The following is a long-overdue posting, which was suggested to me by a friend two years ago, about one of my most prized possessions – a writing-chest which I purchased in London, England, during one of my trips to Europe.
This is the story of the box, its features, and the company which manufactured it.
This box featured prominently in the last posting I did about writing-boxes, written back in January of 2011!
While that posting focused on writing-boxes as a whole, this one will concentrate purely on the box in the photographs.
Finding the Box
I have wanted to own a writing-box for twenty years.
I’m twenty-six now.
In my childhood, I had the great fortune of growing up within walking-distance of four antiques shops. And I used to visit them religiously as a child. The beauty of all the wonderful things inside fascinated me. Old desks, grandfather-clocks, gramophones, pocketwatches inside glass display-cases, typewriters, silverware, walking-sticks huddled together in neat wooden racks and stands, and all other manner of mementos from centuries past.
The first writing-box I ever saw was when I was six years old. It was made of dark wood, and had a green, leather writing-surface which was tooled around the edges, and with gold-leaf pressed into the sides.
Ever since then, I was mystified and captivated by these things. Typewriters, pens, old books, watches, clocks, clothes, furniture…everything else came and went in waves. Sometimes I was wildly interested in them, sometimes not. And then after a passage of time, I’d be wildly interested in them again. But writing-boxes never lingered more than a few inches below the surface of my mental ocean at any one time during my life.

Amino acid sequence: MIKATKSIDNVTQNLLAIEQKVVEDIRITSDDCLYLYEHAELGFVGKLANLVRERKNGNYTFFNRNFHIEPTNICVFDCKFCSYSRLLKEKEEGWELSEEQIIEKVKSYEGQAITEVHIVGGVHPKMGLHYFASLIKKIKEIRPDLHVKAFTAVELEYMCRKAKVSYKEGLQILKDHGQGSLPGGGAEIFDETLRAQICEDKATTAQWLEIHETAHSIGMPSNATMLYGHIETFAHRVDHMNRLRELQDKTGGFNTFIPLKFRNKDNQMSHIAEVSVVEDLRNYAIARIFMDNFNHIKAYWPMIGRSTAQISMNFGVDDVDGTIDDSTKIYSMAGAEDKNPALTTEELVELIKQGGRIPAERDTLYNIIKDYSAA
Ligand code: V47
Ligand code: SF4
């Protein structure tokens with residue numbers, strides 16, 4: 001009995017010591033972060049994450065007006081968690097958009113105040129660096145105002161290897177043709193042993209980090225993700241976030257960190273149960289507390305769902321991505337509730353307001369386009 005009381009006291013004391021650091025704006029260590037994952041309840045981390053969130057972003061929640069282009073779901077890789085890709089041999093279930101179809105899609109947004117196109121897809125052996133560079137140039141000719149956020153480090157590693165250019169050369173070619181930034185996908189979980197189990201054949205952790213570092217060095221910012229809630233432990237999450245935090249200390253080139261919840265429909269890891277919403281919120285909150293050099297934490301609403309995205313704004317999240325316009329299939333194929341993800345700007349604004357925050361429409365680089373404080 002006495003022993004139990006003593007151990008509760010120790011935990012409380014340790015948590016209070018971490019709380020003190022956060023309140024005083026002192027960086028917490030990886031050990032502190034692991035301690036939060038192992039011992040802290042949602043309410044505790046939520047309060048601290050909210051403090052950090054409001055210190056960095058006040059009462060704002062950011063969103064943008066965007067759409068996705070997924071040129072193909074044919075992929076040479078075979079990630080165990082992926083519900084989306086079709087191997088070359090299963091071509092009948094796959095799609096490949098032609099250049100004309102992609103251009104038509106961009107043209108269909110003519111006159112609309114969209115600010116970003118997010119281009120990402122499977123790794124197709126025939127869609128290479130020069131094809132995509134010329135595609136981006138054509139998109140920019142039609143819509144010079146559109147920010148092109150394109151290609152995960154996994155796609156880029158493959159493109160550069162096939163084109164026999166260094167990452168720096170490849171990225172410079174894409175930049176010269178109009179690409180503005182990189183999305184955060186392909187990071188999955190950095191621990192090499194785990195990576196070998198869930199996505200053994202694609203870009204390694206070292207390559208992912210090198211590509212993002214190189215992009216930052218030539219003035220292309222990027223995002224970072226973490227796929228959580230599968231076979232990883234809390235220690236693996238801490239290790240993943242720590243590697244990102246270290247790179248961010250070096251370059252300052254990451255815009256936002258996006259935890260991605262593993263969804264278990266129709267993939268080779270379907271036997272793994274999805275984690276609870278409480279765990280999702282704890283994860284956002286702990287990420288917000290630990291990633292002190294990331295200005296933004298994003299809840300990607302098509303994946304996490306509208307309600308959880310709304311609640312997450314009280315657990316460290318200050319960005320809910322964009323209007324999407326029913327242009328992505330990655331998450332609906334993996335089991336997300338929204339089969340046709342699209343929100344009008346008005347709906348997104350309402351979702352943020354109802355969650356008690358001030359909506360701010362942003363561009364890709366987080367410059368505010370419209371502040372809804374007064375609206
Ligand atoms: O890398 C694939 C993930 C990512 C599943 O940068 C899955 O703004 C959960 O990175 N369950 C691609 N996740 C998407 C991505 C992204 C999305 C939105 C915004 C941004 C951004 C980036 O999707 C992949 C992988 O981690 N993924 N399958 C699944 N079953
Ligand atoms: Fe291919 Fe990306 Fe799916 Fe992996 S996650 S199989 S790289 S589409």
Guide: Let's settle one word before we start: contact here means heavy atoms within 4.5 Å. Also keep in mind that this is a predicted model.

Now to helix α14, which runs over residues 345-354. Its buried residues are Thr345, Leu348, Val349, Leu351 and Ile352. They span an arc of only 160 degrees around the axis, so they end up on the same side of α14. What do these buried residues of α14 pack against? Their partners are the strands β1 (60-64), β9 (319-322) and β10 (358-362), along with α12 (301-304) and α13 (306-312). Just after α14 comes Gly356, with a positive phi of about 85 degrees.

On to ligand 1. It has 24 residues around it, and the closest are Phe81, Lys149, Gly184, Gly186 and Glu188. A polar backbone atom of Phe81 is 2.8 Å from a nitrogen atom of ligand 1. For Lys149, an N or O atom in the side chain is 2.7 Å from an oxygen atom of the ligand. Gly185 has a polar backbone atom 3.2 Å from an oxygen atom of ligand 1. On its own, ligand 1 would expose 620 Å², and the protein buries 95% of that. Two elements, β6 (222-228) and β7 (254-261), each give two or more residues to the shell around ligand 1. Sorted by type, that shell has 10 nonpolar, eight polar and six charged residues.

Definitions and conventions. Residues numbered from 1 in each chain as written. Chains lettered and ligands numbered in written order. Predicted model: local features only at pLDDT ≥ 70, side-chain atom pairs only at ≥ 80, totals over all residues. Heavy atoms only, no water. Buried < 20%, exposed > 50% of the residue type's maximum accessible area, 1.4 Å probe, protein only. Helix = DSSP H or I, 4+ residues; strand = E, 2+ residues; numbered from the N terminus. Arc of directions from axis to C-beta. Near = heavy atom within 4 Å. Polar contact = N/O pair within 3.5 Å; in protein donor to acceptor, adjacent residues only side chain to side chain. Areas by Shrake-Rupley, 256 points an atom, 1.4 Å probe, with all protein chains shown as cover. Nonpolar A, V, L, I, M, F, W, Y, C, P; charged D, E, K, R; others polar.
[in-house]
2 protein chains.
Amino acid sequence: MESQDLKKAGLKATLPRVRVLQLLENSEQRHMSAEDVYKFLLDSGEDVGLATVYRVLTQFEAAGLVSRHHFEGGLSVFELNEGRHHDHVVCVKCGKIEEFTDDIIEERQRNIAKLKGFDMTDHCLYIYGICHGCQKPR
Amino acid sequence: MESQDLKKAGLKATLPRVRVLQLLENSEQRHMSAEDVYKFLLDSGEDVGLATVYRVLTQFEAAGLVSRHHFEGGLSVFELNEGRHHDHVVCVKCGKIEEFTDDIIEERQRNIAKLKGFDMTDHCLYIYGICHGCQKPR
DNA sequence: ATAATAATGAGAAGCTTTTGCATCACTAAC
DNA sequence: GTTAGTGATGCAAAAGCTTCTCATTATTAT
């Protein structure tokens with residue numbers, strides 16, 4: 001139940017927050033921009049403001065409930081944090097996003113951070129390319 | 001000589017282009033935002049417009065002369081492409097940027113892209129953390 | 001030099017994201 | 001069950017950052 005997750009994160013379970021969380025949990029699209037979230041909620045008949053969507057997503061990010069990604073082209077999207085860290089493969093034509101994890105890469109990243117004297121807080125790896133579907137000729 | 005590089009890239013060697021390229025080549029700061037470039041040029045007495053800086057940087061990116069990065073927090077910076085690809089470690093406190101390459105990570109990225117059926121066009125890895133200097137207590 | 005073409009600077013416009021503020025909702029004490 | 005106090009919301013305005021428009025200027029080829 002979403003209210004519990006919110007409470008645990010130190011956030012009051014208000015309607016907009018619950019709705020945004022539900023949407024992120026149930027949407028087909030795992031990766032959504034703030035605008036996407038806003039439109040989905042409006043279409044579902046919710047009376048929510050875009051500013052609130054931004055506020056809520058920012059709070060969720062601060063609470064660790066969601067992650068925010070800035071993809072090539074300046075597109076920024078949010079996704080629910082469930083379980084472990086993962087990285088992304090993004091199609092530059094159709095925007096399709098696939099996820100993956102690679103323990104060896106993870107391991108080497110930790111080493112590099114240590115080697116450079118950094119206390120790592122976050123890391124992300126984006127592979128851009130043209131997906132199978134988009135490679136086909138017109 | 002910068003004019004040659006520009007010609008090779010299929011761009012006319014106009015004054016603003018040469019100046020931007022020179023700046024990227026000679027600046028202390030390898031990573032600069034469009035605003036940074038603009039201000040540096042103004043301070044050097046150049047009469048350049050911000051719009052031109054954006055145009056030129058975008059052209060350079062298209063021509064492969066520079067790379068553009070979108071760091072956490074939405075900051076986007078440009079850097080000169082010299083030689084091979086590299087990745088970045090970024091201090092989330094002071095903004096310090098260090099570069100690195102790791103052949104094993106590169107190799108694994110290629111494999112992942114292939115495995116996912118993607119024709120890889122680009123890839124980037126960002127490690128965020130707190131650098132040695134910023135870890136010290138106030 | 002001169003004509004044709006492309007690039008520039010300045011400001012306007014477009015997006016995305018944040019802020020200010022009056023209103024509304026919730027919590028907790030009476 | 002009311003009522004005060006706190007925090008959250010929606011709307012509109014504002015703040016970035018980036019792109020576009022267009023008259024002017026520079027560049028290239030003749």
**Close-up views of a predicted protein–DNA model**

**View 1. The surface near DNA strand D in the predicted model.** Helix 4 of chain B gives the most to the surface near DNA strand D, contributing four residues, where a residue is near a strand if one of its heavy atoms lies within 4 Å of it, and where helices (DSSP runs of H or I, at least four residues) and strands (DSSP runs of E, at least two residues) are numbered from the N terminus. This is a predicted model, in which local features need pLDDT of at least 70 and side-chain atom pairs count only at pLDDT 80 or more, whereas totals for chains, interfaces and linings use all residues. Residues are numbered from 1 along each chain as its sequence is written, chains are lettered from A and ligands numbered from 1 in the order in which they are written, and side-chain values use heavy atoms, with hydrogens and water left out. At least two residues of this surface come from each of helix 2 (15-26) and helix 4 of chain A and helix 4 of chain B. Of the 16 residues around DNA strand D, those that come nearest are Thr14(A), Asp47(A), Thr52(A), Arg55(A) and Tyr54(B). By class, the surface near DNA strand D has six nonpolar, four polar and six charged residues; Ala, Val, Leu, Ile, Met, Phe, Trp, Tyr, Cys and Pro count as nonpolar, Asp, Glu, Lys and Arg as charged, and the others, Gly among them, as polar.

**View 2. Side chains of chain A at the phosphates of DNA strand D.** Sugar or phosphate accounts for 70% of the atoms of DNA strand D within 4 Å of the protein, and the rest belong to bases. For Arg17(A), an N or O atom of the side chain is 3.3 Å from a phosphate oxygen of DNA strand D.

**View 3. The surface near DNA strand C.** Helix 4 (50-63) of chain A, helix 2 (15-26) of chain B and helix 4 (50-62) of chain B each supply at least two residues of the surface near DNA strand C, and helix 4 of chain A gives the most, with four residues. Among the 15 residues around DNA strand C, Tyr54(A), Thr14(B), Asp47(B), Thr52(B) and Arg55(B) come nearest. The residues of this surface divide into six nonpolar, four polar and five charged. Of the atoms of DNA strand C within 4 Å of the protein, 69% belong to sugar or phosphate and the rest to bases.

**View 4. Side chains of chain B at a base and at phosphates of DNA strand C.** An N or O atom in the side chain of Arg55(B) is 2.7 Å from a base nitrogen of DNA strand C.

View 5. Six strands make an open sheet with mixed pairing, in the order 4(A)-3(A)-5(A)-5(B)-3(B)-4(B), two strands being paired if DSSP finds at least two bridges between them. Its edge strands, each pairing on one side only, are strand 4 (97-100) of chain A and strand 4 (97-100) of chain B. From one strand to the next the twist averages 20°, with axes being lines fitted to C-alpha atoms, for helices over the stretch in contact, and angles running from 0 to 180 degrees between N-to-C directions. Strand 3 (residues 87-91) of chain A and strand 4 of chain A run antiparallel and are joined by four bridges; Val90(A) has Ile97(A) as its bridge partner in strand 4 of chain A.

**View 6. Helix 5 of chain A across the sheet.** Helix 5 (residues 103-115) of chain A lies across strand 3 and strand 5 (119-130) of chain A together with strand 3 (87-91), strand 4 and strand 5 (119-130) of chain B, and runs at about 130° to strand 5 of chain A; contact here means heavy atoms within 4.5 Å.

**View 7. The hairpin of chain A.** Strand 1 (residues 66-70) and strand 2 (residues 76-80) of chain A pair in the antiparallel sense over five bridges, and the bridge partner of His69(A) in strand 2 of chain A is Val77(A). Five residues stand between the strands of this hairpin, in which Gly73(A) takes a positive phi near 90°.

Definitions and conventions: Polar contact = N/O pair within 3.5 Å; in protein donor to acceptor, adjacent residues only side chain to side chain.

For years I wanted one. But writing-boxes are notoriously hard to find, and even harder to find in working condition! And once found, are often so expensive, there was no way a schoolboy could afford to buy one! So for years, they also remained a dream.
I stared at them online, and in shops and magazines, but never managed to get one. Until one day in 2010.
In December of that year, I was in London on holiday. And like any antiques fanatic, I immediately made a beeline for all the major antiques markets. If you’ve scoured the antiques markets in London, then I’ve probably been to them. I went from shop, to shop, market to market, from the Camden Locks to Bermonsdey Market.
But you can’t go to London without visiting its famous antiques mecca. Also called the Portobello Road Antiques Market.